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Wisconsin Law Schools

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Cheeseheads haven't got many options if they want to study law at an American Bar Association (ABA) accredited law school since there are only two such schools in Wisconsin. Fortunately, the two options are quite distinct and provide some interesting and quirky distinctions from one another. One is a private Catholic school, while the other is a public law school.

The following article provides a brief overview of some significant differences between the two Wisconsin law schools to help you choose the one that's right for you.

Marquette University Law School

Marquette University Law School is a private Catholic law school located in downtown Milwaukee. Although the school is more expensive and less favorably ranked by U.S. News & World Report's annual law school rankings, there are several reasons why Marquette may be the right school for you.

Marquette offers several programs for those interested in sports law, including a J.D. certificate, an LLM, and a number of joint-degree programs, including a J.D./M.A. in sports business. The school also publishes the Marquette Sports Law Review.

The school also has a marginally higher post-graduation employment rate, which may impact its appeal. Job figures suggest that most Marquette graduates go into private practice or work for law firms.

University of Wisconsin-Madison Law School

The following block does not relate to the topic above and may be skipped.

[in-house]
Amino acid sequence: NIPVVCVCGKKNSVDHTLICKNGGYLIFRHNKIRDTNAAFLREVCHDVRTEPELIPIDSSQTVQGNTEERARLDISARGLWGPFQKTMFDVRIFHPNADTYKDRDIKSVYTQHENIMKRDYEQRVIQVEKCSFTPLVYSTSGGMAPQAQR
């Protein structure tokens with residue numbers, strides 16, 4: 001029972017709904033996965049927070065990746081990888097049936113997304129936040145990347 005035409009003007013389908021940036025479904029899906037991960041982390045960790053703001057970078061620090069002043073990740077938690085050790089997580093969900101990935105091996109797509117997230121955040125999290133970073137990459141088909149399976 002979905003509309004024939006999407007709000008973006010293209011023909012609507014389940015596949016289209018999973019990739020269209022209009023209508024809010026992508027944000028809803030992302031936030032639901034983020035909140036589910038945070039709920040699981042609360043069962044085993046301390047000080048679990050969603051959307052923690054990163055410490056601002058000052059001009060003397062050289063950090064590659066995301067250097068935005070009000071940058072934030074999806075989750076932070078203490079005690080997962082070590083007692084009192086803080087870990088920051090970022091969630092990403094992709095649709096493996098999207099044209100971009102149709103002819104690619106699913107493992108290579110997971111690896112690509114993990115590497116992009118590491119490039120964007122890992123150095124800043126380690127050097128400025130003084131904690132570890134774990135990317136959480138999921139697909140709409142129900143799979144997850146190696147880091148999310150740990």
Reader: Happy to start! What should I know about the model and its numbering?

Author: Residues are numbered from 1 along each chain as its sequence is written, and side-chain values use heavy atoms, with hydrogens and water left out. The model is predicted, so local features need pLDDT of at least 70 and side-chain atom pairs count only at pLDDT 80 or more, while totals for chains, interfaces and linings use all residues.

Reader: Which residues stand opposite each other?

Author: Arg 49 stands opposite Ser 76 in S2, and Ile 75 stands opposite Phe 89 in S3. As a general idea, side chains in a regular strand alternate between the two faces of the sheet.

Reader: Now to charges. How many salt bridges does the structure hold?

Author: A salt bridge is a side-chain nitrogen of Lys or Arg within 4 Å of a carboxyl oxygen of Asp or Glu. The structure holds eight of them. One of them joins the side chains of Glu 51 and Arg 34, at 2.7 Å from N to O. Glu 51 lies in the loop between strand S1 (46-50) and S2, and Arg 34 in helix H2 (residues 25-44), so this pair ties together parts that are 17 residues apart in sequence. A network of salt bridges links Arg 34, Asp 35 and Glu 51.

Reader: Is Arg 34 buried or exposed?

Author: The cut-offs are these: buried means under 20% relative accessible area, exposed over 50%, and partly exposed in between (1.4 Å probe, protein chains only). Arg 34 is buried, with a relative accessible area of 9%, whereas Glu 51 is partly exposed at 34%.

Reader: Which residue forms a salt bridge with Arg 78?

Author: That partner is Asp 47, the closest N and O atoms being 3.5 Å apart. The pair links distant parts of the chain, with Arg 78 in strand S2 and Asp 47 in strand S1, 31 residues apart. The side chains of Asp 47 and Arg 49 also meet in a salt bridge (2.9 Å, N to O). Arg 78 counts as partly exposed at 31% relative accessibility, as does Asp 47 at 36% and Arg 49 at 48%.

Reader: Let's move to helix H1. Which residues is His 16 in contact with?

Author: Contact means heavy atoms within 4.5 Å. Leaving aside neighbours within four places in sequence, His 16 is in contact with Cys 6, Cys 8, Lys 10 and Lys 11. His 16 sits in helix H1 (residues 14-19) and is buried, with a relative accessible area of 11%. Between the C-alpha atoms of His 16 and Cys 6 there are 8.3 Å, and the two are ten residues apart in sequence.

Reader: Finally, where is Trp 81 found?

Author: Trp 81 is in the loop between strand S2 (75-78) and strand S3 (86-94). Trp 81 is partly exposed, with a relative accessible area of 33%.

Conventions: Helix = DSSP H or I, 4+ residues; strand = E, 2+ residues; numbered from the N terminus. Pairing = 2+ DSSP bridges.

The University of Wisconsin Law School is located in Madison, the state capital. It far outnumbers Marquette in clinical opportunities, many of which focus on various aspects of criminal defense and public interest law.

The school also enjoys a strong connection with the larger university and a number of colorful traditions. A gargoyle that once festooned the original law school building remains on display as an unofficial mascot; law students participate in a homecoming "cane parade" replete with fancy dress and superstition; and the "Dean's Cup," an annual athletic competition between students in the law and medical schools, raises funds for charity.

As a public school, the University of Wisconsin charges less than half the tuition as Marquette for in-state students. Even out-of-state students will pay marginally less to attend than they would at Marquette.

However, the cost of living in Madison is significantly greater than it is in Milwaukee. Housing, in particular, is much more expensive in Madison. As such, the cost of living expenses should be taken into consideration when determining whether the difference in tuition is really significant.

Finally, it is important to note that the University of Wisconsin's law school is very highly regarded. It is consistently among the top-tier schools in the U.S. News and World Reports' annual law school rankings.

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